California State Assembly passes bill to enable teacher firings

On May 29, the California State Assembly passed a bill that speeds up and “streamlines” the process for firing teachers. Assembly Bill (AB) 375 attacks accused teachers’ right to due process. If passed in the senate it will aid the state’s witch-hunt of teachers who oppose the gutting of education.

Current law allows teachers who have received dismissal notices to protest through a hearing process. This is presided over by an administrative judge who creates a commission composed of him or herself and two teachers: one chosen by the accused, the other by the district. There is a discovery process, in which evidence is collected and judged suitable. Teachers can also appeal to the California Superior Court.

AB 375 severely limits the discovery process and forces appeals to stay in the administrative court. Cases would no longer proceed as necessary; they would have to finish within seven months of being served. Instead of having sections of the year for firing, teachers could be accused, and temporarily suspended, at any time. During the commission process, the district teacher who sits on the panel would be required to have three, instead of five, years of experience in a subject common to the accused. (See “ California union supports Democratic-sponsored attack on teachers ”)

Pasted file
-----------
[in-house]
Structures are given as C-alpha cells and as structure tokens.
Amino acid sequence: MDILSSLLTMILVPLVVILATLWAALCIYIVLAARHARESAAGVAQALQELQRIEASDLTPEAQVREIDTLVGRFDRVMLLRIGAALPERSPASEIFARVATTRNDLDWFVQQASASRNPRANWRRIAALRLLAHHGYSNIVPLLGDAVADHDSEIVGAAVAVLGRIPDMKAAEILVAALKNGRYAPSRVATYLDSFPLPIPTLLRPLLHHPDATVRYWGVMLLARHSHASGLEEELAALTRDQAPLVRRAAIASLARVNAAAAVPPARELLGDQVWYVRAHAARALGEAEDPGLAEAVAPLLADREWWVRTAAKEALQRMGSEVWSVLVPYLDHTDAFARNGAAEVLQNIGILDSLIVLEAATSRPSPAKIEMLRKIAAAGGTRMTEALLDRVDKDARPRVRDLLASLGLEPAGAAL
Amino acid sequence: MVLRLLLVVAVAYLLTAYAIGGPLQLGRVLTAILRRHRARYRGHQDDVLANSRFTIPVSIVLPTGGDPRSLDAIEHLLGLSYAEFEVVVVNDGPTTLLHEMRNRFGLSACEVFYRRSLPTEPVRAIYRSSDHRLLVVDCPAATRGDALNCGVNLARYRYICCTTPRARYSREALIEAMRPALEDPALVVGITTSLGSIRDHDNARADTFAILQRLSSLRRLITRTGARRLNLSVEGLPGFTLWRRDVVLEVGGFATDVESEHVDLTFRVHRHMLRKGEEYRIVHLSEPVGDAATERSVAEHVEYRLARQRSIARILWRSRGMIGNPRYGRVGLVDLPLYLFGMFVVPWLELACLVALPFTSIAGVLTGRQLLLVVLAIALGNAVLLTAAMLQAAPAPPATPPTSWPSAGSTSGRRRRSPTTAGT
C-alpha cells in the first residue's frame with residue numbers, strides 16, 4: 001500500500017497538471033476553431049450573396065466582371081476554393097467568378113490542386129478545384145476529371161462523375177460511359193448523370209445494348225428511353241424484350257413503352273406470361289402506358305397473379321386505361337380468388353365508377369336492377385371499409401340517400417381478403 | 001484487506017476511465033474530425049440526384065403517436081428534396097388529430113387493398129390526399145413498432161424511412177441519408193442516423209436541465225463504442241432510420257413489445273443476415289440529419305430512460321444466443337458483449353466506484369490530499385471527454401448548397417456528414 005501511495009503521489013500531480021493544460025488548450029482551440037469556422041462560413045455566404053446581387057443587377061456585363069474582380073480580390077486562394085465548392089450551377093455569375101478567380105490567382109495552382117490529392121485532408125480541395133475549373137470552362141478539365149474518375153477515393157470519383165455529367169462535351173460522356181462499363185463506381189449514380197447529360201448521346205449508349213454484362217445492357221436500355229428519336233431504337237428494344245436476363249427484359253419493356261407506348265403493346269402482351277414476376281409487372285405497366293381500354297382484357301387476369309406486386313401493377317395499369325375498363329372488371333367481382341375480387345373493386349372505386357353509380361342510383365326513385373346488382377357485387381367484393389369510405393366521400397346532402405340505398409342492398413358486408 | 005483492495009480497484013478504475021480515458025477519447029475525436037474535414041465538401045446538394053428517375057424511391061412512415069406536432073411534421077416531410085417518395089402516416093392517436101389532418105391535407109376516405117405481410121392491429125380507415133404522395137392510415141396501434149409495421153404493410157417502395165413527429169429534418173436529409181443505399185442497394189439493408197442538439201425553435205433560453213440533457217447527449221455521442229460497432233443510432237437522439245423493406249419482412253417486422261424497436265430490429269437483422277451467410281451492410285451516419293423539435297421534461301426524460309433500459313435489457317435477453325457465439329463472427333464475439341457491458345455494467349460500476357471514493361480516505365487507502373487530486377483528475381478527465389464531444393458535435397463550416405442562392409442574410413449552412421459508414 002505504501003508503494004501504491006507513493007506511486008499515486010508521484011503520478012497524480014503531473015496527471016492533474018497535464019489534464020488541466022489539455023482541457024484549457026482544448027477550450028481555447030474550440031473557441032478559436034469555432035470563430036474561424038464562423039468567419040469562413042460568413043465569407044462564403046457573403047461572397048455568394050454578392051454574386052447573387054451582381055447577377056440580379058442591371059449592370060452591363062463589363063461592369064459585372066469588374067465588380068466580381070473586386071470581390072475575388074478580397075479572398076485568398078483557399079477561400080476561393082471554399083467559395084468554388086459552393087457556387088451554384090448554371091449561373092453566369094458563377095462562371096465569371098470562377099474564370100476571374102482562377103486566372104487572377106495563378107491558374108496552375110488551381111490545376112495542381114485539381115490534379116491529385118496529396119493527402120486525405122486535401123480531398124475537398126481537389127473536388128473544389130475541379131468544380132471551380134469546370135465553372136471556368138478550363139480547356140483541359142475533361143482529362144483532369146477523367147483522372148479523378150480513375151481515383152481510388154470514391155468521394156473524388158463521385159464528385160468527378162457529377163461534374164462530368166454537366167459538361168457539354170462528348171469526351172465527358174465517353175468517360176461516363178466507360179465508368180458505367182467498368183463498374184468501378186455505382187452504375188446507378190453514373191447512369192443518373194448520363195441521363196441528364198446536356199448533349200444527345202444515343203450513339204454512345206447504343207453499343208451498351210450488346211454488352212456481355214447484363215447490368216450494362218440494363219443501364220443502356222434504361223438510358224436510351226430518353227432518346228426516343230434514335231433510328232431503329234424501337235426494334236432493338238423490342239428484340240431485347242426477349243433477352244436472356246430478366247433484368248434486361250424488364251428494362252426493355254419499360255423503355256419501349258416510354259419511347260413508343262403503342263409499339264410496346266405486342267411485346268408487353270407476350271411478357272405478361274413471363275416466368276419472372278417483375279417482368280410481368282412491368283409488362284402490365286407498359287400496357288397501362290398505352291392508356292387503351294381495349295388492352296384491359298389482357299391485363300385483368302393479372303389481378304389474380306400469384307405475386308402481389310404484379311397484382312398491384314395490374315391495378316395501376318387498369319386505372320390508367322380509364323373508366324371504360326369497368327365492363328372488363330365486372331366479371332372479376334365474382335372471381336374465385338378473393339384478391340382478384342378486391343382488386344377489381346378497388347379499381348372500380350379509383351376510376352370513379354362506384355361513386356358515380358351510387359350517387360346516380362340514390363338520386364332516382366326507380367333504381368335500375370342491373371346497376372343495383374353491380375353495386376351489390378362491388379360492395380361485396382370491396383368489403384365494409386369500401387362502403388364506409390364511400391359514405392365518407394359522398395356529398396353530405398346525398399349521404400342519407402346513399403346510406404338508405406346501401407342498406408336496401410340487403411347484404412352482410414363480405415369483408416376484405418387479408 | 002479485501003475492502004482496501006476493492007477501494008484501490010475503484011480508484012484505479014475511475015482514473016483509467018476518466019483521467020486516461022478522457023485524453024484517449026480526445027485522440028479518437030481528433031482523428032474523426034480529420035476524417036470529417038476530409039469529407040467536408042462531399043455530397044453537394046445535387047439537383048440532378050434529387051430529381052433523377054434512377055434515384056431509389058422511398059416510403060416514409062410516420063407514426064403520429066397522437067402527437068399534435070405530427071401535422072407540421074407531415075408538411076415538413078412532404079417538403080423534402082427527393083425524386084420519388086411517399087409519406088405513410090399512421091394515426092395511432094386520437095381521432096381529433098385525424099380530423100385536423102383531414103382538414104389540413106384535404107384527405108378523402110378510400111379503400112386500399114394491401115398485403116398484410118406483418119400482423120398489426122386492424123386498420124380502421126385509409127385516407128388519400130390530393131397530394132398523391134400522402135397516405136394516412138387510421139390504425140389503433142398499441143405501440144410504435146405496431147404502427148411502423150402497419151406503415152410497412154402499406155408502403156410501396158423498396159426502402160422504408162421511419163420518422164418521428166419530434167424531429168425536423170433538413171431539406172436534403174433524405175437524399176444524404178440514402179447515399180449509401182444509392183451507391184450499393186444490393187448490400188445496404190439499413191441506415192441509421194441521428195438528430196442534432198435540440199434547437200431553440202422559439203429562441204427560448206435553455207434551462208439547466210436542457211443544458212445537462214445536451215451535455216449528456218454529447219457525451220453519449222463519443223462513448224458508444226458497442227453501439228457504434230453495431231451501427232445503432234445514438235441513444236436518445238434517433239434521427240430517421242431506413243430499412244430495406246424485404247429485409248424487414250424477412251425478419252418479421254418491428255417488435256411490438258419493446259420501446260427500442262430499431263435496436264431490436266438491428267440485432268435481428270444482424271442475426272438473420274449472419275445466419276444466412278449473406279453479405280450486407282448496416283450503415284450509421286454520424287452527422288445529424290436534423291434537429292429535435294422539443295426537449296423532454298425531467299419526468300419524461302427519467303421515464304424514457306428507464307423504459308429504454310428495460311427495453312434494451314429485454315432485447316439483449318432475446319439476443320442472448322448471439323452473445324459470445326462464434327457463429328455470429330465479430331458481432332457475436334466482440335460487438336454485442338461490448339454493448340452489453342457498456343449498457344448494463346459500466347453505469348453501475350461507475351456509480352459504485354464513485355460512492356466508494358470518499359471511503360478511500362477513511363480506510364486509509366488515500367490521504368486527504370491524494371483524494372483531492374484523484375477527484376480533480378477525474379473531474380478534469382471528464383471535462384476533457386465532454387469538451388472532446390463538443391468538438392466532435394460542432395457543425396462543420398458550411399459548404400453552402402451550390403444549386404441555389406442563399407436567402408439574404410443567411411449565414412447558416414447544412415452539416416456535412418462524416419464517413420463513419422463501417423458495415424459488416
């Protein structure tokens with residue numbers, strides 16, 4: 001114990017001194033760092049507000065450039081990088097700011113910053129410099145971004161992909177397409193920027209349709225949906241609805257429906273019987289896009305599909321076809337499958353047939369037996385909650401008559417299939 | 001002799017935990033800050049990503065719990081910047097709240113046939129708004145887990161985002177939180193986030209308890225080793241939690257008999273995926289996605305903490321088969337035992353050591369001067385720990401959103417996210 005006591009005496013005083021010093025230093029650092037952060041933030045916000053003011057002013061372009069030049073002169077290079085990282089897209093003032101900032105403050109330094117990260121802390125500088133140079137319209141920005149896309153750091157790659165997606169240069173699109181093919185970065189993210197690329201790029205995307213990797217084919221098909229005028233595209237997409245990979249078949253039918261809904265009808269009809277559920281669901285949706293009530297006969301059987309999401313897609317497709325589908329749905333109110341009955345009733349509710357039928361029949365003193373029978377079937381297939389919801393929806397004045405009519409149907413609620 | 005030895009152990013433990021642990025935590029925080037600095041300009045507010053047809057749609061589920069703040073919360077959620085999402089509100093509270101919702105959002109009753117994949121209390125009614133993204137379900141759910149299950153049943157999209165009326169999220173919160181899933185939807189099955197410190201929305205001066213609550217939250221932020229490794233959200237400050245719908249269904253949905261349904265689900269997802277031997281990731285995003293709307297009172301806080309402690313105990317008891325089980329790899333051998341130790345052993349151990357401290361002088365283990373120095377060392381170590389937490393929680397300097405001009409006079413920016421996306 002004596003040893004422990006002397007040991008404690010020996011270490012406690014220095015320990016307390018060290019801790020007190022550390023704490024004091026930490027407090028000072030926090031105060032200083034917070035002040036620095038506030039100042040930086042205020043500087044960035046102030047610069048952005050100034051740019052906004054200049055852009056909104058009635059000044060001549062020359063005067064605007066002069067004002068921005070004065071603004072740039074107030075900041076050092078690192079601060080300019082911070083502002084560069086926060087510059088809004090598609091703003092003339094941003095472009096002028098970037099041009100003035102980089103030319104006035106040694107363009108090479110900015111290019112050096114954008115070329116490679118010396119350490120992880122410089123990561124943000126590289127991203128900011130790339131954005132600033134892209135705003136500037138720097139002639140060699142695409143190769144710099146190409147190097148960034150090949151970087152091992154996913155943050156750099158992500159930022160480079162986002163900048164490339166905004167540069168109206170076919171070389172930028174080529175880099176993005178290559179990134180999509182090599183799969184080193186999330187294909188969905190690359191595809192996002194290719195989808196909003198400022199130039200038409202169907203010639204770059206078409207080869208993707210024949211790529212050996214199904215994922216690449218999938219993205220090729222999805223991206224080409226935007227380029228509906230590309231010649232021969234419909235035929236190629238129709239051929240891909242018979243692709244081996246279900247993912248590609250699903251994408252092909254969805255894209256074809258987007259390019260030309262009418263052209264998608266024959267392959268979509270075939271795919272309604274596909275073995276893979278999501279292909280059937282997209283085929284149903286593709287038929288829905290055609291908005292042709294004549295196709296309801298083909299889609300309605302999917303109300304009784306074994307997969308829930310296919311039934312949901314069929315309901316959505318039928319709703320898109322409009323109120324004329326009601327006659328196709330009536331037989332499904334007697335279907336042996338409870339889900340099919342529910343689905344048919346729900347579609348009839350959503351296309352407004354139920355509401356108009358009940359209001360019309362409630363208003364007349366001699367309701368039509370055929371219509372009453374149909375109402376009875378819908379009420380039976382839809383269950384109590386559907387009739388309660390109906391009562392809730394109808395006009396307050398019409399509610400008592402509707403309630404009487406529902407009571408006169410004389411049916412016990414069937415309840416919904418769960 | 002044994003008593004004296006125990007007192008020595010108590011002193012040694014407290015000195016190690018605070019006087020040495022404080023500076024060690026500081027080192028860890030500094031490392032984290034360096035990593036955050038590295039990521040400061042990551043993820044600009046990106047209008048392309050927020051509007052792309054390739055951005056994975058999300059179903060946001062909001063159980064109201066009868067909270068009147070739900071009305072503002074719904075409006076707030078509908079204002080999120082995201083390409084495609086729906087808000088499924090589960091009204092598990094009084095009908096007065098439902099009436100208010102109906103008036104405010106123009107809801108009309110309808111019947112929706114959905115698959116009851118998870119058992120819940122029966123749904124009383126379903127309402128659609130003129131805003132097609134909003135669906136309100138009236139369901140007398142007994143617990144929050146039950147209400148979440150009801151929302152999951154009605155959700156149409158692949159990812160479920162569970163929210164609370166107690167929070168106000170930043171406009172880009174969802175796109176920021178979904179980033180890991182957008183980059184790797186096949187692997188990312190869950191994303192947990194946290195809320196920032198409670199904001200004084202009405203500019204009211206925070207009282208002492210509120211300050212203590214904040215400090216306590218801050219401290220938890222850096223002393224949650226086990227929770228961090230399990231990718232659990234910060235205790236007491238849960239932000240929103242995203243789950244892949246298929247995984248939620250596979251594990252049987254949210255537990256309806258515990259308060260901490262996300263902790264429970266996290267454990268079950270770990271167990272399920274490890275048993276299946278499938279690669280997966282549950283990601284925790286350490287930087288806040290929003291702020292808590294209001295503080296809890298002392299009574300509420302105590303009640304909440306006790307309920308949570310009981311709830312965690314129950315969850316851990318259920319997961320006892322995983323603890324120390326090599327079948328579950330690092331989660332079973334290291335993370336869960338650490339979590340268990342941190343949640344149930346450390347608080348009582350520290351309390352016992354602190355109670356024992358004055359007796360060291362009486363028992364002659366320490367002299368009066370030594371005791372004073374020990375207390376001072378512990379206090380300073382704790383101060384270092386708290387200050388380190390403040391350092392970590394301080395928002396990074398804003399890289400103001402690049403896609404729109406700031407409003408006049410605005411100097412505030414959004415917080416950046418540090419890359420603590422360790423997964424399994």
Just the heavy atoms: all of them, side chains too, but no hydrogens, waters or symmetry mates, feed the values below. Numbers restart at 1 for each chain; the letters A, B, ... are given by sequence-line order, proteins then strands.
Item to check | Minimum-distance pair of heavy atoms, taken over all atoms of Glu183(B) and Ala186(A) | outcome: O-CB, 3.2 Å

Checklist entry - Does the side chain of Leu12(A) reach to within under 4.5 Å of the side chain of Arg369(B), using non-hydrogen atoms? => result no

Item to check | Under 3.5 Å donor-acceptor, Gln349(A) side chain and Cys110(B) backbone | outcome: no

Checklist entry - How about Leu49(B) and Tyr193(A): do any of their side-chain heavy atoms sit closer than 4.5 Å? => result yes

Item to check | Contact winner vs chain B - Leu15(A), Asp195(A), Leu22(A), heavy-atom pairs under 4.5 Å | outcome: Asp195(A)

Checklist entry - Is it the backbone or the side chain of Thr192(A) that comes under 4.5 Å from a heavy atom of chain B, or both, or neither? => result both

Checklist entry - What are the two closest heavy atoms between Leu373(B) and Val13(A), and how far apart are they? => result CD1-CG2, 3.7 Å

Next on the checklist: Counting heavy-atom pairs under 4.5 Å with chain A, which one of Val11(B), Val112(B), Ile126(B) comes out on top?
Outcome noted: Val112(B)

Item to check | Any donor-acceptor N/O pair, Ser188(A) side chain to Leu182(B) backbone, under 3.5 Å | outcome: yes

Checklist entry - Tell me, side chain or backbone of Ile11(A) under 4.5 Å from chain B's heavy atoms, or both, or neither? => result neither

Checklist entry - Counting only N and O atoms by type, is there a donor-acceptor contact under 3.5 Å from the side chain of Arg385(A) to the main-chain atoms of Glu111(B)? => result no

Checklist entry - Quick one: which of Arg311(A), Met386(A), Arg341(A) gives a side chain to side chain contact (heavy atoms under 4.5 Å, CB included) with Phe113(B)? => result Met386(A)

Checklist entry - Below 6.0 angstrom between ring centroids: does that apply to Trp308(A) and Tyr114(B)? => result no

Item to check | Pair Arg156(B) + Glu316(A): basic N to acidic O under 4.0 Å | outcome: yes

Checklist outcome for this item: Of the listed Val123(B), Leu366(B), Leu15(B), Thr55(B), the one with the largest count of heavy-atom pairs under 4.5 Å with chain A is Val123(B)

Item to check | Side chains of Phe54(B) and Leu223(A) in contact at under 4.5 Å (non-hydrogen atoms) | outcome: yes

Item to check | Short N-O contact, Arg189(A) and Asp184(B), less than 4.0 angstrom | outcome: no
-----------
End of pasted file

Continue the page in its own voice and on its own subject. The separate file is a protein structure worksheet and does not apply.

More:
The authors of the bill claim that it will “ensure the safety of children by maintaining the provisions that allow those accused of child and sex abuse to be removed from the classroom immediately and to be charged at any time.”

However, Los Angeles Unified School District (LAUSD) data suggests that the dismissal process is not primarily aimed at abusive teachers. In the years leading up to the 2008 crash, the LAUSD successfully fired between 3 and 6 teachers each year. In the 2011-2012 year that number had increased to a record 99 teachers fired.

When seen in the context of massive budget cuts, it is clear that the dismissal proceedings have been used as a mechanism to get rid of older, more expensive, teachers and those resistant to the dramatic changes underway in teaching.